Saint Augustine, 354 –430 A.D. had something to say about the private storms in our lives. St. Augustine was a philosopher and theologian who tells us, “Don't forget the presence of Christ. When you have to listen to abuse, that means you are being buffeted by the wind; when your anger is roused, you are being tossed by the waves. So when the winds blow and the waves mount high, the boat is in danger, your heart is imperiled, your heart is taking a battering. On hearing yourself insulted, you long to retaliate; but the joy of revenge brings with it another kind of misfortune—shipwreck. Why is this? Because Christ is asleep in you. What do I mean? I mean you have forgotten His presence. Rouse him, then; remember Him, let Him keep watch within you, pay heed to Him. Now what was your desire? You wanted to get your own back. You have forgotten that when Christ was being crucified, He said: Father, forgive them, for they know not what they do. Christ, the sleeper in your heart, had no desire for vengeance in his. Rouse Him, then, call him to mind.” There will be encounters we cannot envision; cannot see for they lie around the bend in the roads of our life. Sometimes it takes only the ringing of the telephone to change an entire well-made plan, bringing us to truths we hope we never hear such as the death of a beloved relative or the news that someone we care deeply for has an incurable illness. There might be a knock on the door that brings life-changing news that will break our hearts.  But it is in the midst of uncertainty and trials, as we teeter on the brim of a chasm wondering what to do, imploring God with weakening hope to come forth for us, that we can see we are stronger than we thought.  Through faith, we are able to pull ourselves up from the edge of unspeakable hardship to keep ploughing forward on our heaven bound journey. It is a time when we can understand and measure our capacity to endure, to assess our strength and continue through life’s fiercest turbulence. We look at those who are surviving terrible calamities and adversities, and we cannot understand how they persevere, how they can put one foot in front of the other and move on, running toward a goal that others cannot see. These are the people with great faith, who are willing to "let go of the branch" and depend on Jesus Christ and His promises. “God is our refuge and strength, always ready to help in times of trouble. So we will not fear when earthquakes come and the mountains crumble into the sea. Let the oceans roar and foam. Let the mountains tremble as the waters surge!” -Psalm 46: 1-3.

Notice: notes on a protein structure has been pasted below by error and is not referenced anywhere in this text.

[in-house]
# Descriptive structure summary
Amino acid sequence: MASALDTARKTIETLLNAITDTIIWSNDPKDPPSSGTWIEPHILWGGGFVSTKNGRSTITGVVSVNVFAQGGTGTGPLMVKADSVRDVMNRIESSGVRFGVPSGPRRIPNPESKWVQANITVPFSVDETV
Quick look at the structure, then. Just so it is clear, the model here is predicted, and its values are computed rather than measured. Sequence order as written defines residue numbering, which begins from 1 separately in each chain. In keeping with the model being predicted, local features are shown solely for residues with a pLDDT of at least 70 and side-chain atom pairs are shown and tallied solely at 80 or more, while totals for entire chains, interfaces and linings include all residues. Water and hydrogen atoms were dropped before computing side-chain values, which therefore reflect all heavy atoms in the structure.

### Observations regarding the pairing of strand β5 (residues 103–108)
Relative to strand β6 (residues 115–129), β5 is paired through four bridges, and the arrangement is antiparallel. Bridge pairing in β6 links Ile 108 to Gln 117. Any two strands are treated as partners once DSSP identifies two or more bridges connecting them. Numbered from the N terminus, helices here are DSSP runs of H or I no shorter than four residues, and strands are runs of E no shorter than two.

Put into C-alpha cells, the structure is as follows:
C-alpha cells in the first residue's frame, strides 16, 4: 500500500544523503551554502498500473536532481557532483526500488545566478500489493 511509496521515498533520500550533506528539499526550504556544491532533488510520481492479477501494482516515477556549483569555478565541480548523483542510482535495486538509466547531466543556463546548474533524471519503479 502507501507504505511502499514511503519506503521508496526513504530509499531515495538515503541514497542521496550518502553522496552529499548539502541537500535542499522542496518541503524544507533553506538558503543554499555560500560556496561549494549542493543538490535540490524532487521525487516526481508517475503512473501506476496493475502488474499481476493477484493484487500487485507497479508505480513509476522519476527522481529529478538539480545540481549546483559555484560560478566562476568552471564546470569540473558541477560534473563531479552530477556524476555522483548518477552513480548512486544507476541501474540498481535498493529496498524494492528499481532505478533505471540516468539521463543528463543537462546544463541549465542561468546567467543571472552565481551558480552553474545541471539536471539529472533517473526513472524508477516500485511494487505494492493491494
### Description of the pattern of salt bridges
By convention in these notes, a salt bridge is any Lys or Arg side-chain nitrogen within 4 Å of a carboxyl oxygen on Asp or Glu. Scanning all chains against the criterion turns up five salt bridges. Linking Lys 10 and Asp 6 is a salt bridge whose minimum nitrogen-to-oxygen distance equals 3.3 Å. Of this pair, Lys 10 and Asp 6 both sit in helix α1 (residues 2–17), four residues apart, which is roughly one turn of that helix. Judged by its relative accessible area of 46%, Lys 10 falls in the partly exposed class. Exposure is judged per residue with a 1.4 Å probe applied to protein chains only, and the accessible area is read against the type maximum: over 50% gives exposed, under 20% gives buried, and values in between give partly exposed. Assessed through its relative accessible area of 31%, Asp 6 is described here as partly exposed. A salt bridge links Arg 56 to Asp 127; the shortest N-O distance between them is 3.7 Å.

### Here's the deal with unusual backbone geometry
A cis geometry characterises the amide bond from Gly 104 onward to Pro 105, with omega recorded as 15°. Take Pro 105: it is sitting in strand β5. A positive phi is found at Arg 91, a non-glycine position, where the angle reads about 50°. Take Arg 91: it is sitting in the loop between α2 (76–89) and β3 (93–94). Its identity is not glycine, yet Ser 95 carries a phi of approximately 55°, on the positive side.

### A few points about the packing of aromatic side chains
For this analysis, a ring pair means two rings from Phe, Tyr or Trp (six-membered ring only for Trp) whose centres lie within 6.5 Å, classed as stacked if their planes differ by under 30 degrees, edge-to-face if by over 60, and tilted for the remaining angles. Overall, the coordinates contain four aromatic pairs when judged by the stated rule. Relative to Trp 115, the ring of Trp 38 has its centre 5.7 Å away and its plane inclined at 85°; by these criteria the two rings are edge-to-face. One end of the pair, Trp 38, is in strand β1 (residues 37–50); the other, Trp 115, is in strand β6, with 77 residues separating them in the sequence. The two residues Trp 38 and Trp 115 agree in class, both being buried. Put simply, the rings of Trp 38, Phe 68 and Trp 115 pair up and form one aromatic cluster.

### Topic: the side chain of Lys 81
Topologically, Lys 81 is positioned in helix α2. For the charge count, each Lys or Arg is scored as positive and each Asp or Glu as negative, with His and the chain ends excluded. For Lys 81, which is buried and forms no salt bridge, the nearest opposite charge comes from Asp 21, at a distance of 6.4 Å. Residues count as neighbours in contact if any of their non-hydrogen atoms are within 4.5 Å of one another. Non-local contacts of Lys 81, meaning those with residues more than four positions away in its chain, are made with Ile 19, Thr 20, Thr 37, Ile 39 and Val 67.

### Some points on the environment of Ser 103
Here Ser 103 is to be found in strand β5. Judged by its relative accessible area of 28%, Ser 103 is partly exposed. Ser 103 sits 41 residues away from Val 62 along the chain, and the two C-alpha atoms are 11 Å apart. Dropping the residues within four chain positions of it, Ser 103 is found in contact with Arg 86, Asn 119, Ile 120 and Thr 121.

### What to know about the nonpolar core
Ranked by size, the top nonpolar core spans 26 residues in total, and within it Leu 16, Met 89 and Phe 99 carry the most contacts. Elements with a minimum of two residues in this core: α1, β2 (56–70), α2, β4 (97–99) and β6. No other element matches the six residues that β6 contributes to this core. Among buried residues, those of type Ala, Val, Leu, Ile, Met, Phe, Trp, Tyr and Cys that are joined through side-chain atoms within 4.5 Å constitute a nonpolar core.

Do not let your faith be swallowed up by fear